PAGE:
On the other hand, if you want to see more recreational venues for all manner of recreation, then vote to oppose the Longetti, Haluska, Gibbons and Neuman amendments and vote in support of House Bill 544.

If you want to provide additional incentives for “Landowners” to provide access for individuals with disabilities then vote to oppose the Longetti, Haluska, Gibbons and Neuman amendments and vote in support of House Bill 544.

If you want to support responsible recreational use and help to take the pressure off of public lands then vote to oppose the Longetti, Haluska, Gibbons and Neuman amendments and vote in support of House Bill 544.

PaOHV members need to continue to contact Pennsylvania House members on RULWA.  Ask them to support HB 544 without amendment.   The vote that was scheduled in December has be delayed until March at the earliest.  102 members are needed to pass the bill.  At this time, it is uncertain whether the 102 votes can be secured.  Rep. Moul will not permit a vote unless its passage is secure.

As of February 28, the landscape shows that Republicans will have no help from Democrats to pass this vital legislation.  This  does not mean that OHV should give up on Democrat support.  Rather, members must intensify thier pressure on Democrats to pursuade them to reject the trial lawyer's amendments and support common sense reform.

Nevertheless, at this time, Republicans will likely be on their own.  Republican lawmakers must be encouraged to reject all of the trial lawyer amendments and vote for a clean bill.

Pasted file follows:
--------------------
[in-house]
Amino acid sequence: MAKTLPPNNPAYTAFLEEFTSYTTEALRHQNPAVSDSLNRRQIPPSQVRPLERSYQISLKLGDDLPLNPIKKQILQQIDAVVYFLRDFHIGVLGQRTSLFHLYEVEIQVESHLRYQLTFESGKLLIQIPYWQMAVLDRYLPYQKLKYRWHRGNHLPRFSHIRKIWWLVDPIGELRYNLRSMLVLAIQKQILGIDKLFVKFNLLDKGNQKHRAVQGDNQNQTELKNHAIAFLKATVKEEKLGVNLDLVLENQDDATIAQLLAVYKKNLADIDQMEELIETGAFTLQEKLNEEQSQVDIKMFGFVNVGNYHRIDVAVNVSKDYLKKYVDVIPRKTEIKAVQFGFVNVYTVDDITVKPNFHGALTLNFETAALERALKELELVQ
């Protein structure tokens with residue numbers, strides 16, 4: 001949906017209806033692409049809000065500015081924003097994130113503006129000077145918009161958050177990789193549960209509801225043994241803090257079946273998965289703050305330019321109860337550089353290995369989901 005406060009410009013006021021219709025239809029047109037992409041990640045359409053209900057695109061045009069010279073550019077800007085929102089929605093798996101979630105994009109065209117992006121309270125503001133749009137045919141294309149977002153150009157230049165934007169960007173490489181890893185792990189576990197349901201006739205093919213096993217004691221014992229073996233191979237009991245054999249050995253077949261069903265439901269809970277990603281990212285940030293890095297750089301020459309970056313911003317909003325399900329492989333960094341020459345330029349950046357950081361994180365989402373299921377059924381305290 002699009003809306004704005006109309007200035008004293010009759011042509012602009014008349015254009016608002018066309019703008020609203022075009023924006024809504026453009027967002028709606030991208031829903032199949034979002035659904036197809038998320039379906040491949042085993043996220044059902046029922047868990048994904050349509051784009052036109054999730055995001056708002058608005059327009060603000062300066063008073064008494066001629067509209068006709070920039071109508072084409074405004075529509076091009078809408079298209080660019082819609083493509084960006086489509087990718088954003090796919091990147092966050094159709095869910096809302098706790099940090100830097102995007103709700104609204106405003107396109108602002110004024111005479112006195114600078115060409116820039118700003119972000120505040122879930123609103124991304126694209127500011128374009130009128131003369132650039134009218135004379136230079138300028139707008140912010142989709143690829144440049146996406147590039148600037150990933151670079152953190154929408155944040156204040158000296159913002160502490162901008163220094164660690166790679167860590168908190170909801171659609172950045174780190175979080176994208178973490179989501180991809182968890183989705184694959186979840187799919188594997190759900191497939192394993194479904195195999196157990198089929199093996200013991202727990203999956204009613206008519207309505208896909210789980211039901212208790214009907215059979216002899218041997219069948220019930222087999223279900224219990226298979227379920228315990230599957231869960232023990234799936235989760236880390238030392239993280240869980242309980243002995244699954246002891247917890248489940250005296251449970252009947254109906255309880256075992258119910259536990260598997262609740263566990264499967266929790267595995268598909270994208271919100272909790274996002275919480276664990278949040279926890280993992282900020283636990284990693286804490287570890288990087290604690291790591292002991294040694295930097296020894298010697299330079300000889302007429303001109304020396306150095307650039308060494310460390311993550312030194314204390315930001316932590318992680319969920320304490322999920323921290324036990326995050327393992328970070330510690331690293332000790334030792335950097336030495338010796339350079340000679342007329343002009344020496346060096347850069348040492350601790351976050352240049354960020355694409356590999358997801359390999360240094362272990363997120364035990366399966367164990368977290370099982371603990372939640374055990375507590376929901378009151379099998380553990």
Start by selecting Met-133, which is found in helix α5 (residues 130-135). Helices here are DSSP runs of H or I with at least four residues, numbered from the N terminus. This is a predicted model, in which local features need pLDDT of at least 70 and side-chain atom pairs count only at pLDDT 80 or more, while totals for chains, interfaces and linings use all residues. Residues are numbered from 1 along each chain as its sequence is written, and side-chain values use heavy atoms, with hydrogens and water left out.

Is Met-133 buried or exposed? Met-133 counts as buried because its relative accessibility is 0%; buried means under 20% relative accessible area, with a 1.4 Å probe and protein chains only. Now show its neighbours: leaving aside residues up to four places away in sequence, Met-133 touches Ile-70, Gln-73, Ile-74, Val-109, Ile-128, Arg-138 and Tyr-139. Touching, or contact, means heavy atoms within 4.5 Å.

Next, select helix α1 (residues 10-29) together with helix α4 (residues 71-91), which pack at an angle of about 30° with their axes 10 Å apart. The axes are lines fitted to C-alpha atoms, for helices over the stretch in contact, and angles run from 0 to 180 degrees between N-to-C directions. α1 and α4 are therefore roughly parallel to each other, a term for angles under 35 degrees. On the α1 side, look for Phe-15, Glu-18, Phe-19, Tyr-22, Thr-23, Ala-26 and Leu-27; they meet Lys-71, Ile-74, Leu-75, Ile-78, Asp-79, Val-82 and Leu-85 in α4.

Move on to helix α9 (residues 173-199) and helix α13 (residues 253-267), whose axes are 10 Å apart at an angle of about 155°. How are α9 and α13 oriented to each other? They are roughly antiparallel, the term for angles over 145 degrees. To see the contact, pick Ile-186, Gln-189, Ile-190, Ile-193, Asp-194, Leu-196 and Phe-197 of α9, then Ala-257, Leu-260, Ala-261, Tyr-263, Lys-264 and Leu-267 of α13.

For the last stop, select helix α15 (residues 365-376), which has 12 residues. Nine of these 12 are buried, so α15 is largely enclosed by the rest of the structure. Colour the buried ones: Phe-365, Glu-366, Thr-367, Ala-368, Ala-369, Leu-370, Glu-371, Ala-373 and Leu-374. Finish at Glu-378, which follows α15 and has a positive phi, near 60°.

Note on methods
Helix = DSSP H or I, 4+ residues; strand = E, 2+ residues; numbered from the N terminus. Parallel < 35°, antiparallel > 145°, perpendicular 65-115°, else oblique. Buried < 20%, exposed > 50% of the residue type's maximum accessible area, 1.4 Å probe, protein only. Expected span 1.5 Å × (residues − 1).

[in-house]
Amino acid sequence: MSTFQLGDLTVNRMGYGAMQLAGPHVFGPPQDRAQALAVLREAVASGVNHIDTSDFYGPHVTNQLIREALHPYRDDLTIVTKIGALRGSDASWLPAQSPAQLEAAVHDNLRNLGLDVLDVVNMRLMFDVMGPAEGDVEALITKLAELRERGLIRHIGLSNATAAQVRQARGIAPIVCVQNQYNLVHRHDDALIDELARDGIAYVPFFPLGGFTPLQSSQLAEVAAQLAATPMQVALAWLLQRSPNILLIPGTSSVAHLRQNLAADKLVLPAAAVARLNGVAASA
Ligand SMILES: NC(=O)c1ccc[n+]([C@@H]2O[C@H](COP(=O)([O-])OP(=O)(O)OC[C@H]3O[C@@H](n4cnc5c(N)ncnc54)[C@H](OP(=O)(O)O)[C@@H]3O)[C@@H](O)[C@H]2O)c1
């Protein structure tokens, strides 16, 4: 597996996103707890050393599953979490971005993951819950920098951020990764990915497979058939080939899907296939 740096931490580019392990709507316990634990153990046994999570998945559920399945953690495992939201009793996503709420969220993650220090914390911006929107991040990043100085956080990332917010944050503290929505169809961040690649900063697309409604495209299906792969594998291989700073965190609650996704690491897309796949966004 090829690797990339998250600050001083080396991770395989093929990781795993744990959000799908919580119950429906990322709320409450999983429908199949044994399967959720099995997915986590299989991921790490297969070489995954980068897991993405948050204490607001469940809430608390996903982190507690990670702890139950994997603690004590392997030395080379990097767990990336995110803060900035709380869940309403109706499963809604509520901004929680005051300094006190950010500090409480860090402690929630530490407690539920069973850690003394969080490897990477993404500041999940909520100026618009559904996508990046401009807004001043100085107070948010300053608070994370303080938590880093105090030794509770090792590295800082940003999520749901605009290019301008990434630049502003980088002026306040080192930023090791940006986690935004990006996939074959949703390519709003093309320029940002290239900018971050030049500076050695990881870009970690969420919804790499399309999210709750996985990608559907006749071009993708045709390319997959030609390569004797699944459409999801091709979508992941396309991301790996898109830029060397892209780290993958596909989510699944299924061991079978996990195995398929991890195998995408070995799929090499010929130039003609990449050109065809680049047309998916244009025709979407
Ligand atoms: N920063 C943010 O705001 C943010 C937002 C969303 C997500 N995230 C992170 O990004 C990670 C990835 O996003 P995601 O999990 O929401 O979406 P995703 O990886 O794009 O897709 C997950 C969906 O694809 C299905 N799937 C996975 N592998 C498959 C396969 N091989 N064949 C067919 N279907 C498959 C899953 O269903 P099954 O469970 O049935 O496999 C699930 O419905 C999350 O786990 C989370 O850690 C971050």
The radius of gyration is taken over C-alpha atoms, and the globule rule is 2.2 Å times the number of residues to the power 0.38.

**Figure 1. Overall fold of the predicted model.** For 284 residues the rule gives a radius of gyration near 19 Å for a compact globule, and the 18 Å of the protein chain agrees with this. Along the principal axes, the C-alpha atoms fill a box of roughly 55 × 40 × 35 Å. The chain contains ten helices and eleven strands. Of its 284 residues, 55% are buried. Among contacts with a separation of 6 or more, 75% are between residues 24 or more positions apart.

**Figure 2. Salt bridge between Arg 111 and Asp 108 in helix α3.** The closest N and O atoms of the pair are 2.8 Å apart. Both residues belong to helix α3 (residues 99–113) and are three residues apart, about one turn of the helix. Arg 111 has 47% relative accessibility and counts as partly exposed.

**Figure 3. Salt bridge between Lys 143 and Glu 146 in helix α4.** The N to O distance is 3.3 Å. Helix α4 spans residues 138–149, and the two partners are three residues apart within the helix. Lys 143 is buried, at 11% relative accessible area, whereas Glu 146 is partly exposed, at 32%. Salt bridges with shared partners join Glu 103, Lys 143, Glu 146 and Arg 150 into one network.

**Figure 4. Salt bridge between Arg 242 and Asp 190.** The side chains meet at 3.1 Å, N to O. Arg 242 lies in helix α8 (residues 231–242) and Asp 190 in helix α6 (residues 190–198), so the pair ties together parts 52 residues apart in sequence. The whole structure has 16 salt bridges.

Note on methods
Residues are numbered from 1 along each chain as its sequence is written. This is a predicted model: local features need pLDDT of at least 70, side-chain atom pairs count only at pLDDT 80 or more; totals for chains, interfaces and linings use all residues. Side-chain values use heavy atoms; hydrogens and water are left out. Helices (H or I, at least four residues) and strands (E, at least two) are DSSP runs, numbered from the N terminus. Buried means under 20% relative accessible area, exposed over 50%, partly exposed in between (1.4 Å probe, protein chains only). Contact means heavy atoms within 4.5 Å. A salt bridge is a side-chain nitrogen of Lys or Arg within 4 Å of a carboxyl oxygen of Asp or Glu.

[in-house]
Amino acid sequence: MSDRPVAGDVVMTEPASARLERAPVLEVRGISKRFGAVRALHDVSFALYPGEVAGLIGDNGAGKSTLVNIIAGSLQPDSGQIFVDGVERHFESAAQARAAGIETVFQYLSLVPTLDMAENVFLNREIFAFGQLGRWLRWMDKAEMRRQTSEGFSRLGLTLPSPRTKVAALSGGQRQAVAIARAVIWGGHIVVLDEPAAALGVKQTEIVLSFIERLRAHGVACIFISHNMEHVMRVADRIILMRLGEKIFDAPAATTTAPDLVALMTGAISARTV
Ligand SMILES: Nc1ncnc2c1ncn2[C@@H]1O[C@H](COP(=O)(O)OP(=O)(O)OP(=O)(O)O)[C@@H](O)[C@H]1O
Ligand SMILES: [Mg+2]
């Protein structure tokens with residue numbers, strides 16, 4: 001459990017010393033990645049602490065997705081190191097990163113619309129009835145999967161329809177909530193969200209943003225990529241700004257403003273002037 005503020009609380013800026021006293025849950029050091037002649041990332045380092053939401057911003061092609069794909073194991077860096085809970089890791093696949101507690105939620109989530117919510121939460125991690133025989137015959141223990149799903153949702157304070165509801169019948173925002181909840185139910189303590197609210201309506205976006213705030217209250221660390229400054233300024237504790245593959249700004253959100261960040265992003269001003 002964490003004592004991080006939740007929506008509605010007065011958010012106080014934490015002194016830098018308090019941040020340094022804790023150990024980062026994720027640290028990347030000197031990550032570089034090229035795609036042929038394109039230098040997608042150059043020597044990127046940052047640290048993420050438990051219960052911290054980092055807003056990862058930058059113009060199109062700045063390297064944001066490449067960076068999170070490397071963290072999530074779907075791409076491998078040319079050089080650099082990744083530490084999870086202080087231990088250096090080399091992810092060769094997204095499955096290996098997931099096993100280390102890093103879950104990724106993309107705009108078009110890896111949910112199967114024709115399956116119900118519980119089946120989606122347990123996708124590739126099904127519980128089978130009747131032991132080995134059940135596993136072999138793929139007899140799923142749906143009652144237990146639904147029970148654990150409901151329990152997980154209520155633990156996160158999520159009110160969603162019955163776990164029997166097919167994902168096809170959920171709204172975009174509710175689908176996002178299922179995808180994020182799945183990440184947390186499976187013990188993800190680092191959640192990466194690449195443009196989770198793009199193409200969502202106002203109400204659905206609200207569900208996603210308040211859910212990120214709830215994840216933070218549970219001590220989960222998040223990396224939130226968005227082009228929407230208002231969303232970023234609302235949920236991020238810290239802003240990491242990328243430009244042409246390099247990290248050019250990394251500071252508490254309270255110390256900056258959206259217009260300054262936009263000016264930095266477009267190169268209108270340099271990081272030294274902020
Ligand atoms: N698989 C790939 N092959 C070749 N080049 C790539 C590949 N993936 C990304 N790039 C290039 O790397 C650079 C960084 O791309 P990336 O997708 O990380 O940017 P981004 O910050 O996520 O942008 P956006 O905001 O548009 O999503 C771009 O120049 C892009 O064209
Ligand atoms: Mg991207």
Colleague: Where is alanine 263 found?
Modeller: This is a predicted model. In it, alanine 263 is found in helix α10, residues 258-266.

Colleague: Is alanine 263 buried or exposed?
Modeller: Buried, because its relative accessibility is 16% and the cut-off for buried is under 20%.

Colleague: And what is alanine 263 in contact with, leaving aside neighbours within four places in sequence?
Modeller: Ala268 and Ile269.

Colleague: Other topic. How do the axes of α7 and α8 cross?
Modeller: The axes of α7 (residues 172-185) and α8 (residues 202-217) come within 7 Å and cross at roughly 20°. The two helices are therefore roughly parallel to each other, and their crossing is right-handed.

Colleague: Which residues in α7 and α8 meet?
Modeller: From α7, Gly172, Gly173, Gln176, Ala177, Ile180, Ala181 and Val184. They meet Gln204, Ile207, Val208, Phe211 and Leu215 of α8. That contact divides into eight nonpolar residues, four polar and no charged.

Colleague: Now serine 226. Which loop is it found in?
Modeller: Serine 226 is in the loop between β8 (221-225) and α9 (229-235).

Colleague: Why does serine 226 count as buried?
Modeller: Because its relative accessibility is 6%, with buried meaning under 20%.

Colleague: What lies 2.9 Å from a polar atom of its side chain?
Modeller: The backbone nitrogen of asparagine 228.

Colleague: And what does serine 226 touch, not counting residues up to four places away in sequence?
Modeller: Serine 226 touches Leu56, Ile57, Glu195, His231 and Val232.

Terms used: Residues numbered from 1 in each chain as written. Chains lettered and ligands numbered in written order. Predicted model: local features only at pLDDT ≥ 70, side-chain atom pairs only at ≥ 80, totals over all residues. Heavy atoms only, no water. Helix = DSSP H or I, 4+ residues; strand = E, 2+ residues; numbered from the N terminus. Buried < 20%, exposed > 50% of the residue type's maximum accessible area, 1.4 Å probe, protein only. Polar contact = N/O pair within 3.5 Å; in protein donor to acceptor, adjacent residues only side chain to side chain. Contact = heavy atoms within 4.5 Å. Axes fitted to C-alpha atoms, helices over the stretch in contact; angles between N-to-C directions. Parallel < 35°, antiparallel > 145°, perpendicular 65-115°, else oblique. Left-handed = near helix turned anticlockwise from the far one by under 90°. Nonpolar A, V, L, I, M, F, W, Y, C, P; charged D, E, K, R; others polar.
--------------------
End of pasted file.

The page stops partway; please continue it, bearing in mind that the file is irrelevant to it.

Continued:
The Pennsylvania Off-Highway Vehicle Association

The Pennsylvania Off-Highway Vehicle Association (PAOHV) is an independent incorporated association organized by OHV enthusiasts and businesses to fight for the rights of Off-Highway users.  PaOHV is recognized by statute by the Pennsylvania Department of Conservation and Natural Resources as the sole/official voice of ATV/Trail Bike community.  PaOHV holds representation on the Snowmobile/ATV Advisory Committee (SAAC). 


PaOHV's Mission 

  • Promote legislation with the purpose of developing and maintaining trails.
  • Become instrumental and influential in interactions with land managers.
  • Defend the OHV community against discriminating legislation and regulation.
  • Provide assistance for legislation favorable to trail and open space recreation.
  • Foster camaraderie among motorized OHV and all recreational trail user groups.
  • Provide a medium for the dissemination of information relating to the OHV industry.
  • Provide educational opportunities related to OHV use.
  • Promote research pertaining to compatibility of OHV and environmental resources.

PaOHV Alert-next General Membership conference call is scheduled for October 21 at 5:30 p.m.  Questions can be directed to Don McClure at

mcclureconsulting@pa.net or 717-920-1312.   




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Lepley Appointed to DCNR Natural Gas Advisory Committee

PaOHV executive director Dick Lepley has been appointed to the Department of Conservation and Natural Resources’ Natural Gas Advisory Committee.  Mr. Lepley becomes the first OHV representative to represent OHV recreation interests on an energy related advisory committee.  Mr. Lepley will join 20 other appointees on the committee.

 DCNR formed this committee to advise the department on the management of natural gas activities on state forest and park lands.  The creation of the committee originated in the Governor’s 2011 Marcellus Shale Advisory Commission Report that recommended DCNR establish its own committee.  Mr. Lepley will review development in the gas industry for their impact on OHV recreation.  The board will be led Penn State’s Dr. James Grace.  Dr. Grace holds the Goddard Chair in Forestry and Environmental Resource Conservation at the University.